Stealing God's Thunder Summary
by Philip Dray

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Stealing God's Thunder

(Critical Survey of Contemporary Fiction)

Most people think of Benjamin Franklin as a political leader who dabbled in science, but in his own day he was viewed, especially in Britain and France, as a distinguished scientist who acted as spokesman for his country. He would prove indispensable during the American Revolution as minister to France, where his personal renown made him a cult figure, and opened favorable access to Parisian opinion shapers.

In Stealing God's Thunder: Benjamin Franklin's Lightning Rod and the Invention of America, a gracefully written birth-to-death biography, Philip Dray covers many aspects of Franklin's activities, but concentrates on his scientific work, especially concerning electricity. The eighteenth century was fascinated by parlor tricks employing amber and the newly-invented Leyden jar. Franklin began treating such devices as toys, but then carried out careful experiments methodically exploring the phenomenon, using principles of scientific investigation he learned from Isaac Newton's Optics (1706).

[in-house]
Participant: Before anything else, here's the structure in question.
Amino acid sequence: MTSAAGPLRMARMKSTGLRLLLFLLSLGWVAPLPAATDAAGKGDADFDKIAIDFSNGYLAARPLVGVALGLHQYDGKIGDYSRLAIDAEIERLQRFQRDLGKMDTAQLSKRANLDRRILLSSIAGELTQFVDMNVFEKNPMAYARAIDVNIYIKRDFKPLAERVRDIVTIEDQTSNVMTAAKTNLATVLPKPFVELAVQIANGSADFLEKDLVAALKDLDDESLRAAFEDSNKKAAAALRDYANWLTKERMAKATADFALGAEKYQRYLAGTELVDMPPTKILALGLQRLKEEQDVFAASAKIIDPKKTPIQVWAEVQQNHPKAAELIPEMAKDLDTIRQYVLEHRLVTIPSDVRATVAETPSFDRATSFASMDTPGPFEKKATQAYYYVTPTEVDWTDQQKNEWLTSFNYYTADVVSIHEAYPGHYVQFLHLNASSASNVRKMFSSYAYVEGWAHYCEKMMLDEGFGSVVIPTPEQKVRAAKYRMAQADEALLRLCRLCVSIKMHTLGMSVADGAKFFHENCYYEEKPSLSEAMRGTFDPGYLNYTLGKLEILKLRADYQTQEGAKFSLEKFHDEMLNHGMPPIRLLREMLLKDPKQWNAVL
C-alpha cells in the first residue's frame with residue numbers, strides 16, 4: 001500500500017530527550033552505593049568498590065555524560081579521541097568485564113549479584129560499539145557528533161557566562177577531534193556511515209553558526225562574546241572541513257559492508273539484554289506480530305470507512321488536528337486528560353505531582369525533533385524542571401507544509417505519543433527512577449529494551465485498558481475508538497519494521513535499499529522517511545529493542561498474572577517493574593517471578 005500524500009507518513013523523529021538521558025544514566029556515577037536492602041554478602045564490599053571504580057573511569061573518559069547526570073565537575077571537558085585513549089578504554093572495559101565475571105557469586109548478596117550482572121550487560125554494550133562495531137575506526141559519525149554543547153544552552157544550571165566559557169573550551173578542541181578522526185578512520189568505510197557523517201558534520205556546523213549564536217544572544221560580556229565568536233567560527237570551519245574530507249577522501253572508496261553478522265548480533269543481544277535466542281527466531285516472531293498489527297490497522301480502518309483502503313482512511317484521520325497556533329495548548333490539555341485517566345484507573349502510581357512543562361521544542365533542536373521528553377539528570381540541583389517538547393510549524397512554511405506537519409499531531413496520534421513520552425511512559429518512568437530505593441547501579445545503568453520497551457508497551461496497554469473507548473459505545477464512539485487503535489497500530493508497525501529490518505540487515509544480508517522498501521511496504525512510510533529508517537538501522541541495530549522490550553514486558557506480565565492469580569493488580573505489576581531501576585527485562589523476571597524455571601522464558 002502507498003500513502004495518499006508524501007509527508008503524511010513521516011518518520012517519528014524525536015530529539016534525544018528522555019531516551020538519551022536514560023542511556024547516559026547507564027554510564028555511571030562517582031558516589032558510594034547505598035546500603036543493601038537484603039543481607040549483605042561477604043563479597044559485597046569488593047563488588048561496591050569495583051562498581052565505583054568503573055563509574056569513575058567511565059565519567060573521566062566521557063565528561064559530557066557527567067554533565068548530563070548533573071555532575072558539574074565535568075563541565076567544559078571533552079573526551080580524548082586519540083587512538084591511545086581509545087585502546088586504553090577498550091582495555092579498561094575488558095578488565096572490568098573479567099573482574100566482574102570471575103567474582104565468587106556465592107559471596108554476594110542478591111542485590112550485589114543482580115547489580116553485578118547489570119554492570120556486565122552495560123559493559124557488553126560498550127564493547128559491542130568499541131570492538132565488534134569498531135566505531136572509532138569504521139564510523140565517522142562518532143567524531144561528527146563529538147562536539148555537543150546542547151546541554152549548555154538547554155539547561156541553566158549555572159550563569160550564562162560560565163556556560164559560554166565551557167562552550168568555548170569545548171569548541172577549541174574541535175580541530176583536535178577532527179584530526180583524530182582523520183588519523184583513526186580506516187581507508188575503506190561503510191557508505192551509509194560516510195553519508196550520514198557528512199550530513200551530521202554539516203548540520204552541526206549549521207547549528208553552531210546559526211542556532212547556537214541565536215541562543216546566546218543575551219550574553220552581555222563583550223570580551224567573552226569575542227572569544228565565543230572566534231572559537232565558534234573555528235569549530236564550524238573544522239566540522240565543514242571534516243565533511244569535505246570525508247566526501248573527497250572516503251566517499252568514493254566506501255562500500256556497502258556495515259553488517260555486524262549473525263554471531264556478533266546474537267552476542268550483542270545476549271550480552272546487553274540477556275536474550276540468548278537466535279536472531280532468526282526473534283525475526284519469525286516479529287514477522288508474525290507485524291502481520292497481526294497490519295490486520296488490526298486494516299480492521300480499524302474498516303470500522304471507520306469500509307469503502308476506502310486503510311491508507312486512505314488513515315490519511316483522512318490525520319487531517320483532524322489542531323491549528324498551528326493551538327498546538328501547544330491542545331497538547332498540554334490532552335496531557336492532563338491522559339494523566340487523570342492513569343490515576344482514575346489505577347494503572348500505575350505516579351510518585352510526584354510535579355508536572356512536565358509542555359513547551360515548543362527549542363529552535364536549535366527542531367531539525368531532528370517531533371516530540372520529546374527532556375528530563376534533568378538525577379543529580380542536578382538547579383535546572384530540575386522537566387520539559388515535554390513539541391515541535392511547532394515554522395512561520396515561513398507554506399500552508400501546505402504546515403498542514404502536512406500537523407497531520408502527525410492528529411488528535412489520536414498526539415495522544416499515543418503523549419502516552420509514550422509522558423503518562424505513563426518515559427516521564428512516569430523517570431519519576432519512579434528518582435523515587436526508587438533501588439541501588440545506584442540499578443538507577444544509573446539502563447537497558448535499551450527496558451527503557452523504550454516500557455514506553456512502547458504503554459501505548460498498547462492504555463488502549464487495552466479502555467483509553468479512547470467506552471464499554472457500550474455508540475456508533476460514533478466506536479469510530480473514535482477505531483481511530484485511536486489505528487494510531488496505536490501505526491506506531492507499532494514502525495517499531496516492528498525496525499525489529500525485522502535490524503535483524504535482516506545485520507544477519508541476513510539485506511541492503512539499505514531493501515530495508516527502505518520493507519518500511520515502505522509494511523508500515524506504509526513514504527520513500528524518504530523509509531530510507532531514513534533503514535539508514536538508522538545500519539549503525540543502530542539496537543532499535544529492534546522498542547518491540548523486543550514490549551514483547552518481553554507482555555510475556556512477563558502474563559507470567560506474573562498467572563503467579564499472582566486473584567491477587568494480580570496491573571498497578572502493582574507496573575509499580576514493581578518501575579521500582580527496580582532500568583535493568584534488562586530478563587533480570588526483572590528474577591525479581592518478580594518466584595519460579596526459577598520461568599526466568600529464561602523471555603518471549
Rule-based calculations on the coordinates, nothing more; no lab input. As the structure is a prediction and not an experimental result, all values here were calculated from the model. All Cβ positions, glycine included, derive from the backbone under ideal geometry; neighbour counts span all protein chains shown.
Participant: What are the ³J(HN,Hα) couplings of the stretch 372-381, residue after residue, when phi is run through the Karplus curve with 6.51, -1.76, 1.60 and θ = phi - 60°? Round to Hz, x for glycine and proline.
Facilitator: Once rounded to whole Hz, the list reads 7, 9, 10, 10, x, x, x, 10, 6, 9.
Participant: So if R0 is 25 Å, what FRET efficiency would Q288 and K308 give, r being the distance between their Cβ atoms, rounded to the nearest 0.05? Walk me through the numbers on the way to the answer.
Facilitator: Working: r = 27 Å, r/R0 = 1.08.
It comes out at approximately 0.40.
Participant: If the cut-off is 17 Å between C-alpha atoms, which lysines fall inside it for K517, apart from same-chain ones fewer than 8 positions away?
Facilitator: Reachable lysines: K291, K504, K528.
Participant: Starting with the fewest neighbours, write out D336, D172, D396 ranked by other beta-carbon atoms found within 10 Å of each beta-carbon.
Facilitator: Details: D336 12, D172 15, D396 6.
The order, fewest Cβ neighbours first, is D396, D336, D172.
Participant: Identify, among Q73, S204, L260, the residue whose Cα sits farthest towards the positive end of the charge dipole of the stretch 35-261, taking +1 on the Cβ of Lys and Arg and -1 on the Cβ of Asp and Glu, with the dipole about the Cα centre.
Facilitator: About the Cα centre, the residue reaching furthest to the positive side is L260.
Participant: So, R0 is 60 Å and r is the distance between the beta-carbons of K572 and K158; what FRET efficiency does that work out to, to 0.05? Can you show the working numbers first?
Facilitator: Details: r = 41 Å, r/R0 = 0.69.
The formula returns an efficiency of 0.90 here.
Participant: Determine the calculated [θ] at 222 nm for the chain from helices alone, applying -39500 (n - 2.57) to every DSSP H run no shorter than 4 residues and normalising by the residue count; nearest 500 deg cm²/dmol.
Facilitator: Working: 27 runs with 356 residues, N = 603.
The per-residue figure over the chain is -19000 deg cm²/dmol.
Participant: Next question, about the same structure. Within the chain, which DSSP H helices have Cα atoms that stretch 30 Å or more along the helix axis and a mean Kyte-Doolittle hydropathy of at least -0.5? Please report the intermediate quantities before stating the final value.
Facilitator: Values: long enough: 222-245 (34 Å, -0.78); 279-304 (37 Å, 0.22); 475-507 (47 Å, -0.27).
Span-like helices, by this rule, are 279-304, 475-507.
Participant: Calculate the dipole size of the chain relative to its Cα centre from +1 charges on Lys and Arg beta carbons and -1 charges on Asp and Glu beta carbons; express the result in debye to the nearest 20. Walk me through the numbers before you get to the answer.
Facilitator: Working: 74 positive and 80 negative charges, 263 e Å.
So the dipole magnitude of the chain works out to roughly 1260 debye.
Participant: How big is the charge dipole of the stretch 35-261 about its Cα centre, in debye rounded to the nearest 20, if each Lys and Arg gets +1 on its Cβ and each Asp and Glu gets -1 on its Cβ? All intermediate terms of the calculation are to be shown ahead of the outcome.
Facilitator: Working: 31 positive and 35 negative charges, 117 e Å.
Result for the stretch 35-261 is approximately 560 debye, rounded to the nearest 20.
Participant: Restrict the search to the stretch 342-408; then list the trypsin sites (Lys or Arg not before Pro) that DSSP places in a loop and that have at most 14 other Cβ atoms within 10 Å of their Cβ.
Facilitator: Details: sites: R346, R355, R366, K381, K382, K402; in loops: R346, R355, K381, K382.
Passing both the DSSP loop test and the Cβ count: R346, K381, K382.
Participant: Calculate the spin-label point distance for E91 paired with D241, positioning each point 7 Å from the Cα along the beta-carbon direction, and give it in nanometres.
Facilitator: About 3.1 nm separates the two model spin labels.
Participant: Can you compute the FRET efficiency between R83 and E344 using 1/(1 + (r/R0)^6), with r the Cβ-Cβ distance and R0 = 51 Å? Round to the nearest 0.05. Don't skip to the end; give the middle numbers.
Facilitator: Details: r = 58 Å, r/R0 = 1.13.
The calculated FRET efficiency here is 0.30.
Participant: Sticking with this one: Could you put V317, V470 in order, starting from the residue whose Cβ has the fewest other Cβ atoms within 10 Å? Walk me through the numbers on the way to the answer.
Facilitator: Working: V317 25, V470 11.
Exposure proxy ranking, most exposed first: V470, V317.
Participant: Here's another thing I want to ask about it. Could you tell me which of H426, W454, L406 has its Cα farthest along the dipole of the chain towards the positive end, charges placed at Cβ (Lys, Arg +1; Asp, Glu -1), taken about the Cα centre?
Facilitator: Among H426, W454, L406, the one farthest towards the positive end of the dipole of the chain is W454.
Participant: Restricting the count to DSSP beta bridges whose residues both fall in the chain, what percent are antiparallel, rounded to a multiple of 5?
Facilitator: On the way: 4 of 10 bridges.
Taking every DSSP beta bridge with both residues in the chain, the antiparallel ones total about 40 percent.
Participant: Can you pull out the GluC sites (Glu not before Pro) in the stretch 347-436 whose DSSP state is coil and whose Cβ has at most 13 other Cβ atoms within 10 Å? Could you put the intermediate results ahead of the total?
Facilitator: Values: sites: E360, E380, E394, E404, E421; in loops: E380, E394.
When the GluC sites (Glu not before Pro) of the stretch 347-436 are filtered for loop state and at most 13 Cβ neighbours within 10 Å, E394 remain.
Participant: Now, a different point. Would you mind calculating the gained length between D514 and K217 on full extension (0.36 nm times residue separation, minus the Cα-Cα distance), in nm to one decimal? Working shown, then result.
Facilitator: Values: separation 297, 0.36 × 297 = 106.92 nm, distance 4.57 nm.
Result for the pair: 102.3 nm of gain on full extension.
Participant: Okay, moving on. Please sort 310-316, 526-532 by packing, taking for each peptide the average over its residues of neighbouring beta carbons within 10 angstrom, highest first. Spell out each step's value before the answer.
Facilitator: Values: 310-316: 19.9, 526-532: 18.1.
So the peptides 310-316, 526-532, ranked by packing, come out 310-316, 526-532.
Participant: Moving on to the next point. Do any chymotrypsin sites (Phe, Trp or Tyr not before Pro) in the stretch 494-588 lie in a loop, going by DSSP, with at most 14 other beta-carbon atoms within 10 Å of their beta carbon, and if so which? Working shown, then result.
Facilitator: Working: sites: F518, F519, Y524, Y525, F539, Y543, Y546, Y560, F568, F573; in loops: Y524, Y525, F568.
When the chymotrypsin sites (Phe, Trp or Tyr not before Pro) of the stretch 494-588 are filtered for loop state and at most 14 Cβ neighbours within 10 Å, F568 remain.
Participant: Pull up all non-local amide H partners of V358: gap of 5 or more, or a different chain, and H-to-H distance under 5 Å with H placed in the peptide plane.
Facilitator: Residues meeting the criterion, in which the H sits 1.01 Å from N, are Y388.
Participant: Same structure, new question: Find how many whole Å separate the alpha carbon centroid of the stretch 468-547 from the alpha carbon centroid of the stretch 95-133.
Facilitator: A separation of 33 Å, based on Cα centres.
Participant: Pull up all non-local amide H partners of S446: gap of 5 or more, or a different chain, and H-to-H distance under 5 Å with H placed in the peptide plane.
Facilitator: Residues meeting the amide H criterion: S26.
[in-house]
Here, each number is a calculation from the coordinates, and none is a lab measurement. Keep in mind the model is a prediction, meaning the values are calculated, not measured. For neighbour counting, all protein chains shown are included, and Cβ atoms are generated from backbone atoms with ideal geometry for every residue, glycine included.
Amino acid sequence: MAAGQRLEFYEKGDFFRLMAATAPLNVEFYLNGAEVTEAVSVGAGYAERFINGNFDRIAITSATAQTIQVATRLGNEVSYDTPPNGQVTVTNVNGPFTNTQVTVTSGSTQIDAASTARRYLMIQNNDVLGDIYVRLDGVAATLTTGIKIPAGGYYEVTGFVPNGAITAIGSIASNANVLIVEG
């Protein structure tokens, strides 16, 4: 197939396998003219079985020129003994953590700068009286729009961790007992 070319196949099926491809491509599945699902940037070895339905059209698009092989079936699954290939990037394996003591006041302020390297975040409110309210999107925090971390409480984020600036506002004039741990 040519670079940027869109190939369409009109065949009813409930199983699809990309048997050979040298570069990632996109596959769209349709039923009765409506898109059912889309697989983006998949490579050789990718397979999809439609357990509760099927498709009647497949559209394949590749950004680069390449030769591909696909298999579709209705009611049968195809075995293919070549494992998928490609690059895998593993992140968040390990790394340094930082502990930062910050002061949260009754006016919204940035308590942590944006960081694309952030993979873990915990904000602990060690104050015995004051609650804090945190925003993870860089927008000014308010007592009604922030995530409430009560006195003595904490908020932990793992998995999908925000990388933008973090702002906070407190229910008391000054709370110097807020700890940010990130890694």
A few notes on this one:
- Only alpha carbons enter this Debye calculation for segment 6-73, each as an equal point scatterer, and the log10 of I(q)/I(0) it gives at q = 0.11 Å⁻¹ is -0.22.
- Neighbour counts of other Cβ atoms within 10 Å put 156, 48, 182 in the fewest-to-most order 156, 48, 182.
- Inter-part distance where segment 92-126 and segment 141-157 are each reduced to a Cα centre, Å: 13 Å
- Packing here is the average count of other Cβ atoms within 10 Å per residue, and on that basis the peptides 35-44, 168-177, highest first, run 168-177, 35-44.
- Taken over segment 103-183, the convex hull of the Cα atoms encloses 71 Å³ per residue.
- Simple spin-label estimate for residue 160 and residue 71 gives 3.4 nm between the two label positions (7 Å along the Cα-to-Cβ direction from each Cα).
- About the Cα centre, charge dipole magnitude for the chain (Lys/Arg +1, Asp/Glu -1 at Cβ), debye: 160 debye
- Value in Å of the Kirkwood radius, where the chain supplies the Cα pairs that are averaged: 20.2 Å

Franklin theorized that electricity was a fluid that sought equilibrium; he coined the terms "negative" and "positive" to describe the flow, used the word "battery" for storage devices, and proved that lightning was an electrical discharge. Franklin described his findings in letters to English friends. Published as Experiments and Observations on Electricity (1751), the book received the Copley Medal of the Royal Society in 1753, and quickly went through five editions in English, three in French, one in Italian, and one in German.

Always interested in finding practical applications of his theories, Franklin invented the lightning rod. Widely adopted despite fears the rods might attract destructive lightning, his device earned the admiration of Enlightenment sages and the enmity of clergymen who could no longer claim severe storms were evidence of divine displeasure. The French economist Anne Robert Jacques Turgot celebrated Franklin's dual career with the phrase: "He snatched lightning from the sky and the scepter from tyrants."